They appear in once-vacant storefronts, unfold from nondescript shipping crates, and appear in forms ranging from circus tents to igloos.
They showcase designer gowns, provide a space to preview movies, and even serve Cheetos-crusted fried pickles.
They are pop-ups.
Forward-thinking brands and retailers are redefining the idea of the decade-old concept, evolving the retail pop-up from sales-driven trunk show to interactive destination. The focus of these temporary shops is shifting from moving product to moving experiences.
Because that’s what shoppers now demand. With all the talk of retail upheaval, you might assume that the physical store is dead. Hardly.
“The ‘retailpocalypse’ is exaggerated,” says Mohamed Haouache, CEO of Storefront, an online marketplace for renting short-term retail space. “Our industry is in ‘retailmutation,’ and experience is the new currency.”
While it’s true that eCommerce has never been easier, 62% of American consumers still want the tactile experiences offered by terrestrial stores. According to a survey of 1,425 U.S. consumers conducted by Retail Dive, “the ability to see, touch and feel products […] ranks highest among the reasons consumers choose to shop in stores versus online.”
Pop-up is the solution for brands seeking to cost-effectively make an “in-person” connection with shoppers seeking a hands-on experience. But to work, it has to be done right.
Every successful pop-up, regardless of format, industry, or target audience, shares three characteristics:
- A stated objective
- Big ideas
1. Have a good reason to pop up
Before digging into the research, before hosting the brainstorm, even before floating the mere thought of a pop-up past the powers that be, there must be an objective.
“Why are we doing this?” “What do we want to make happen?” “What are our metrics for success?” The specific and well-articulated answers to these questions provide the foundation upon which all great pop-ups are built. How can you make it happen if you don’t know what “it” is?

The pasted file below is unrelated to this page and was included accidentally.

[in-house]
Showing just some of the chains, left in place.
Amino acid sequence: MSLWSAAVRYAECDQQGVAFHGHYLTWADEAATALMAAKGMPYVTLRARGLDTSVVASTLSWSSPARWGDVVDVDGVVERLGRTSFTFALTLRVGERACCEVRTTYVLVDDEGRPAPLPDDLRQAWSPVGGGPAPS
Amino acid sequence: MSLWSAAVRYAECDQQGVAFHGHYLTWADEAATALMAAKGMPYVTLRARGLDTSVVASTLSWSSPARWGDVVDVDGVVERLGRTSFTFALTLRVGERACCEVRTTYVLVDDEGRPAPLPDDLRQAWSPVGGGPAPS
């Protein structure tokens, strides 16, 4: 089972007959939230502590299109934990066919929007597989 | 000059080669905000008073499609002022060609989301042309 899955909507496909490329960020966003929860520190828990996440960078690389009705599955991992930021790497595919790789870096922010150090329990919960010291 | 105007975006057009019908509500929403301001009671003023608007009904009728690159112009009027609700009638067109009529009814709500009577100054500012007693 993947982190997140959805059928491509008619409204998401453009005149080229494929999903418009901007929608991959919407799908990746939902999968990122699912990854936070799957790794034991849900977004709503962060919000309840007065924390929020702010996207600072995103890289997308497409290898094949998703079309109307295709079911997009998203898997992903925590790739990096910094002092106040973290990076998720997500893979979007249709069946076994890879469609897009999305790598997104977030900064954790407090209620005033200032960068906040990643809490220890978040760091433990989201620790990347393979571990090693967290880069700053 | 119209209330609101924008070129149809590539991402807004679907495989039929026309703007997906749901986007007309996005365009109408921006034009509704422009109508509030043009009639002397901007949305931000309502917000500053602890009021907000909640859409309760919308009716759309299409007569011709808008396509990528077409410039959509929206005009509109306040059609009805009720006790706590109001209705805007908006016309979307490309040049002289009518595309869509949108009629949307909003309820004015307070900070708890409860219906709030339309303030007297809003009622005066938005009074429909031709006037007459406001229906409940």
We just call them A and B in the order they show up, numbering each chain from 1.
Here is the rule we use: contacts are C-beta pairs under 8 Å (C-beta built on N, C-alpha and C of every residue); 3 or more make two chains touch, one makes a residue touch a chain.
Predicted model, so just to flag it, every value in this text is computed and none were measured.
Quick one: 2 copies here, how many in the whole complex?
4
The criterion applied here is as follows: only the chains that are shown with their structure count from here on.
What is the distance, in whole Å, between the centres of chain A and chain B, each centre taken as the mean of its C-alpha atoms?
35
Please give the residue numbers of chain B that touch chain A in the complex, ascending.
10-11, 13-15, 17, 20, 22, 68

There are five possible objectives for a brand pop-up:
- Build the brand
- Introduce a product
- Test something (a new market, audience, concept, format, partnership)
- Create major buzz
- Move some merchandise (sales is still a legitimate goal)
Pick one. Maybe two. Having too many objectives results in a pop-up experience that’s watered down, fragmented or confusing. The most effective pop-ups are those that have a clear purpose and a singular intent. This doesn’t mean that the pop-up shouldn’t work hard; it should. And it will, if it’s created around a big idea.
2. It’s the thought that counts
A big idea is emotion-laden (The Street Store), elegant in its simplicity (Coke mini can launch), and insight-inspired (The Period Shop by Kotex). It serves as a touchstone for all communications in and around the pop-up.
This kind of thinking calls for bravery. Our always-on, media-saturated lives are continuously bombarded with marketing images and messaging. The right big idea will push the boundaries and help the brand stand out. The bland, middle-ground of “safe” is not an ideal spot for a pop-up.
A big idea, like the Ghost Store, feels audacious, honest and sometimes risky. That’s OK. The temporary nature of pop-ups supports risk taking. (And note that “risk” is not synonymous with “reckless.”) People’s memories are short, and so is the news cycle. (Does anyone remember Kylie’s Pepsi ad?) Be bold.
3. Put the “action” back into interaction
The pop-up should be a catalyst for active engagement between the consumer and the brand. It must facilitate an exchange, like a conversation or a dance.
In the right setting, with the right prompts and opportunities, the shopper will discover something. And while that discovery doesn’t have to be earth shattering, it does have to be meaningful.
Remember that interaction doesn’t always have to be of the digital variety. In fact, we are seeing a renewed interest in and passion for the handmade and the hands-on. Analog is the new digital—reflect that human touch in the pop-up. Engage the shopper’s senses and build a physical element into the experience.
That being said, remember that tweeting is physical.
It is mandatory to integrate social media into the pop-up. Create a highly shareable experience (that means visual) so that the brand earns reach and awareness beyond the event space. Give the shopper something to post, snap, like and review, provide them with an awesome backdrop for selfies and encourage them to spend their social currency. Help them help you build advance buzz, drive attendance, and tell the brand story long after the pop-up closes.
Marc Jacobs Daisy Tweet Shop
Will a pop-up work for you?
Modern pop-up is an idea that seems to work for everyone. Retailers don’t have to commit to long leases or carry big credit lines to tell their brand stories and connect with shoppers.
And shoppers can experiment with new products or services live and in person. That’s why pop-up is becoming part of a core retail strategy for many brands rather than serving as a one-off product sales tactic.
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